A new law is in the works, aimed at lowering the cost of uniforms in England.
The law is expected to limit the number of logos on uniforms, allowing parents to buy more items from supermarkets and shops other than a school’s main supplier. Unfortunately, this law will not be put in place for the start of the new academic year.
The government has stated schools should expect full details in the autumn. However, this means parents will not benefit from the changes, as schools start again this September.
According to The Children’s Society, the average uniform costs £315 per primary school pupil and £337 per secondary pupil.
This comes at a time where food banks are finding themselves inundated with requests for school uniforms, to the point where a clothes bank has opened in the West Midlands to provide uniforms to children from local schools.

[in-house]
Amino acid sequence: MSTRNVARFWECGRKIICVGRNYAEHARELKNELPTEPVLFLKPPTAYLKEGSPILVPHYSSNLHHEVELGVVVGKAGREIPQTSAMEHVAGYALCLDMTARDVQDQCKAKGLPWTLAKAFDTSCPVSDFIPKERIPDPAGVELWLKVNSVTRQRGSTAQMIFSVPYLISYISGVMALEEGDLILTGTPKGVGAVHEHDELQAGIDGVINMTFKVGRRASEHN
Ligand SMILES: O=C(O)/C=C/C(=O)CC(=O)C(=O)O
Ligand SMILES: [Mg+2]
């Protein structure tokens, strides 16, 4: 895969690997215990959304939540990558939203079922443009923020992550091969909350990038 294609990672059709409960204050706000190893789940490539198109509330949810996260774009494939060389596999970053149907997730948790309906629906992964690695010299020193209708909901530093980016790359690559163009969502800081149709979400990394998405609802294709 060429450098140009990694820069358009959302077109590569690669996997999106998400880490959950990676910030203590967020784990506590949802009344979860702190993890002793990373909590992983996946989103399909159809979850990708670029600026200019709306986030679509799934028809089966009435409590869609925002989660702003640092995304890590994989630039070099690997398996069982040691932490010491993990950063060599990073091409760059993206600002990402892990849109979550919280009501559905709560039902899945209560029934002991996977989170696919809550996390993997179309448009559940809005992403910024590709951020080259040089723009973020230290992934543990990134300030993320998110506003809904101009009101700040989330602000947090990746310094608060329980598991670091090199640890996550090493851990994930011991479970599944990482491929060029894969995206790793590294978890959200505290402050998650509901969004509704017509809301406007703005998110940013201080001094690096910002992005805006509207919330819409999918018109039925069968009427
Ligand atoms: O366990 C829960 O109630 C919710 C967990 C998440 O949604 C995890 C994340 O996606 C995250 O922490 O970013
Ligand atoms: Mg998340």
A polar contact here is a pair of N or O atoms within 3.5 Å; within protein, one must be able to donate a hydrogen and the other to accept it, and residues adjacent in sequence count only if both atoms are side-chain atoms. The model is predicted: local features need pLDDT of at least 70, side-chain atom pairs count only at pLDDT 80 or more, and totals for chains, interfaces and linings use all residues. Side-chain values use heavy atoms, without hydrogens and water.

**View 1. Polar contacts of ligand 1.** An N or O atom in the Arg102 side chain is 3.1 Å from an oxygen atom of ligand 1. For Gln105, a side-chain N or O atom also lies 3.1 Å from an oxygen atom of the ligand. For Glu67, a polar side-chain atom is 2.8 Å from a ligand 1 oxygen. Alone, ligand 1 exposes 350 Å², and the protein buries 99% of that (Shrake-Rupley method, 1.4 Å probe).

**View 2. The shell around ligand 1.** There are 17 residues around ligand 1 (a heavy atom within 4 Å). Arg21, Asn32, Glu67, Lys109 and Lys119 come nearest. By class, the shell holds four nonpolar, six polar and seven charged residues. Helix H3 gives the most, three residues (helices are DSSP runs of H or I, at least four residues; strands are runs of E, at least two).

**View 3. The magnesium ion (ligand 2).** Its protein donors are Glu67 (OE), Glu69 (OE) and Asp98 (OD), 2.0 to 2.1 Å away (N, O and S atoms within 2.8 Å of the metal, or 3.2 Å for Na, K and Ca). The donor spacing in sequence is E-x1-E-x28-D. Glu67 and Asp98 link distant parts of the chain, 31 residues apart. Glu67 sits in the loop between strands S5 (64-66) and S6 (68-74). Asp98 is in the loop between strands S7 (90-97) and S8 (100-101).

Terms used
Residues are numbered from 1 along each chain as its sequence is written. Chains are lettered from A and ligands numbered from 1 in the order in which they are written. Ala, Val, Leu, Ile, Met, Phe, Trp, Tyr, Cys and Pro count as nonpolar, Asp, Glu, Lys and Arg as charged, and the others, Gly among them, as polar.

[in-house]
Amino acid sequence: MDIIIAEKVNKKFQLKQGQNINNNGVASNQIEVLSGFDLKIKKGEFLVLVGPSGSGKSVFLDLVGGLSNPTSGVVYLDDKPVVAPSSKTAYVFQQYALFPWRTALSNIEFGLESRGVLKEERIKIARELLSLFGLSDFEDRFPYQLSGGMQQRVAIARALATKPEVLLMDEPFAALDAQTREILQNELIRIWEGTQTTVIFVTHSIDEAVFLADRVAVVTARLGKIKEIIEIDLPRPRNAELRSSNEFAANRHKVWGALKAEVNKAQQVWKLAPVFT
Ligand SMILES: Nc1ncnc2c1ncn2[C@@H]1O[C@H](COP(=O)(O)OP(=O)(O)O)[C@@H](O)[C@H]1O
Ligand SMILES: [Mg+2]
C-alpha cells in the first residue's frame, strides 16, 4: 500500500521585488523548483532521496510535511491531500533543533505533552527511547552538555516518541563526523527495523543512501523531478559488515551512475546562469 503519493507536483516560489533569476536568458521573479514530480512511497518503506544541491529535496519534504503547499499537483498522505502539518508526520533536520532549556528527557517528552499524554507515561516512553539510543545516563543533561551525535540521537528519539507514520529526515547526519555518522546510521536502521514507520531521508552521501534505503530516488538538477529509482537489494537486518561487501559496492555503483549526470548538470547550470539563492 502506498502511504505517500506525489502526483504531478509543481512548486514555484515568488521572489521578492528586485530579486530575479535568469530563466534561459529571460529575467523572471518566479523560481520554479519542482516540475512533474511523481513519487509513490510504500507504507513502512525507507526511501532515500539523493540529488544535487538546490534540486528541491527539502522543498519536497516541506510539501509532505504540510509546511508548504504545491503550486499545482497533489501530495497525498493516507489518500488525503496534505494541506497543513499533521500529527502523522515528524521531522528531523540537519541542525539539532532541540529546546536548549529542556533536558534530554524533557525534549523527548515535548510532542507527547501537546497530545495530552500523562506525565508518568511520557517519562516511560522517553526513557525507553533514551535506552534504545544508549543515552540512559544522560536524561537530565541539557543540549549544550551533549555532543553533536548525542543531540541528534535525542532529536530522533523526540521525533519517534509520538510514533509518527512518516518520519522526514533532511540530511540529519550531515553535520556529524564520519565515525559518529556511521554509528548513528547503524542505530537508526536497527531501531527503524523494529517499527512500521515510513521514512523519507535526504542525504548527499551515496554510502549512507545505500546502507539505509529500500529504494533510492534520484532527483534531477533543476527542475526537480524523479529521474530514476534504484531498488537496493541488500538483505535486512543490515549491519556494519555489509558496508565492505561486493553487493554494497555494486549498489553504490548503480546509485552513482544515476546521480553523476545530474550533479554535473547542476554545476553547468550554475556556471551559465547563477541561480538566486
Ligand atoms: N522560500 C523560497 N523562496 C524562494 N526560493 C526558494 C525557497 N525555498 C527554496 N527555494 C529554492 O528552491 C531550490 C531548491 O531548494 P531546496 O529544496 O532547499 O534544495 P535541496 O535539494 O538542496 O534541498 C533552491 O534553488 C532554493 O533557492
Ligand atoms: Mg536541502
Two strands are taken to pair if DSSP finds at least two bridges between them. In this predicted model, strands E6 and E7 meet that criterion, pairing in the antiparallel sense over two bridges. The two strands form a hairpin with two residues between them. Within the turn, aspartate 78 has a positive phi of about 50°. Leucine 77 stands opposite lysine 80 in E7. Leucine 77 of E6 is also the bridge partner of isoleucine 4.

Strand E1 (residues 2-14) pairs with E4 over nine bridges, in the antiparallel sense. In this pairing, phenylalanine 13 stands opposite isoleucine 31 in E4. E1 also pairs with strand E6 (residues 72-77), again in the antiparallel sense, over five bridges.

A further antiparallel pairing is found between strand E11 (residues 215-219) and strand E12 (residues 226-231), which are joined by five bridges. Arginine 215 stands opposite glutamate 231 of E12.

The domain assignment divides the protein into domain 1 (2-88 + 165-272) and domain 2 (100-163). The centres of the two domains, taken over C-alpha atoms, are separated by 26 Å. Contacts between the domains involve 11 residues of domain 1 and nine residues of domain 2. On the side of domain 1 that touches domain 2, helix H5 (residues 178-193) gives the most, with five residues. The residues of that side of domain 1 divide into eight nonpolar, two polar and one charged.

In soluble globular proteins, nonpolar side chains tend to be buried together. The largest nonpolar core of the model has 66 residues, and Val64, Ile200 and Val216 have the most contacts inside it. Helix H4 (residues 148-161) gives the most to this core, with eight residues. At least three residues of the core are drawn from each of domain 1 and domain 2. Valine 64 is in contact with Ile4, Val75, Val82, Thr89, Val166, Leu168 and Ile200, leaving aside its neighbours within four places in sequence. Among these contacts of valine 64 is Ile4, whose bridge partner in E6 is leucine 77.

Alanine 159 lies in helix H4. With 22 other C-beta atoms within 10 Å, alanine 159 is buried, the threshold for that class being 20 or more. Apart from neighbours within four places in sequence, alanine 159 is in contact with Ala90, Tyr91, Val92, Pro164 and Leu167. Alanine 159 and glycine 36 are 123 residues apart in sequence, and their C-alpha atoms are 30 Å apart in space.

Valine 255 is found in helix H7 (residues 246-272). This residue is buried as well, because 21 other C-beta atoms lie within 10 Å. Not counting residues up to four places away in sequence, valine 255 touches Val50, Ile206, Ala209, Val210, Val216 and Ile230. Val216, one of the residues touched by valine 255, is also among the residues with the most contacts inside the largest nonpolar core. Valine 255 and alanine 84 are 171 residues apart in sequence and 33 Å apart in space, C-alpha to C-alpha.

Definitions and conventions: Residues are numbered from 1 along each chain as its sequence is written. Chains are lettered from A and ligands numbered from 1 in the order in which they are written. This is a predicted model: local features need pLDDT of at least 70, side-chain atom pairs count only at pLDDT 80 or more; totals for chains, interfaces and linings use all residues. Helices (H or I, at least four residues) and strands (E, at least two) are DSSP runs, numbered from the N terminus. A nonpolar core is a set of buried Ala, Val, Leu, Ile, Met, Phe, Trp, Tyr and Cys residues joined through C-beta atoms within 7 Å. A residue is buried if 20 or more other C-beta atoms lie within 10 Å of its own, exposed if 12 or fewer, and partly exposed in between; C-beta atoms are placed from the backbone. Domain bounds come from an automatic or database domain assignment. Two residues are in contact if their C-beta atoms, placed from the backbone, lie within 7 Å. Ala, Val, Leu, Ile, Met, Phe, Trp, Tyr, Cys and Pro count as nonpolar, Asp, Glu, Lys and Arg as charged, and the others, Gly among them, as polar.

Labour MP, Mike Amesbury, who first introduced the legislation said he would be “incredibly disappointed” if further delays to the guidance hindered changes from being put into place before September 2022.
Such a law could save families a significant amount of money which could contribute to their care in other ways.
Parents will now have to wait in anticipation to see the law is finalised before the next academic year begins in order to benefit from it.
Azmina Siddique, policy manager at the Children’s Society is disappointed as parents won’t see a financial benefit this September, offering: “We appreciate that these [changes] can take a bit of time and it’s really important to get the guidance right.”
However, this means schools will have more time to review their policies, with Azmina adding: “Teachers have also told us that, while they would be very happy for the law to have been passed, in the year they have had – adjusting to home learning and the impact of the pandemic – that one more thing before the summer term may have been difficult.”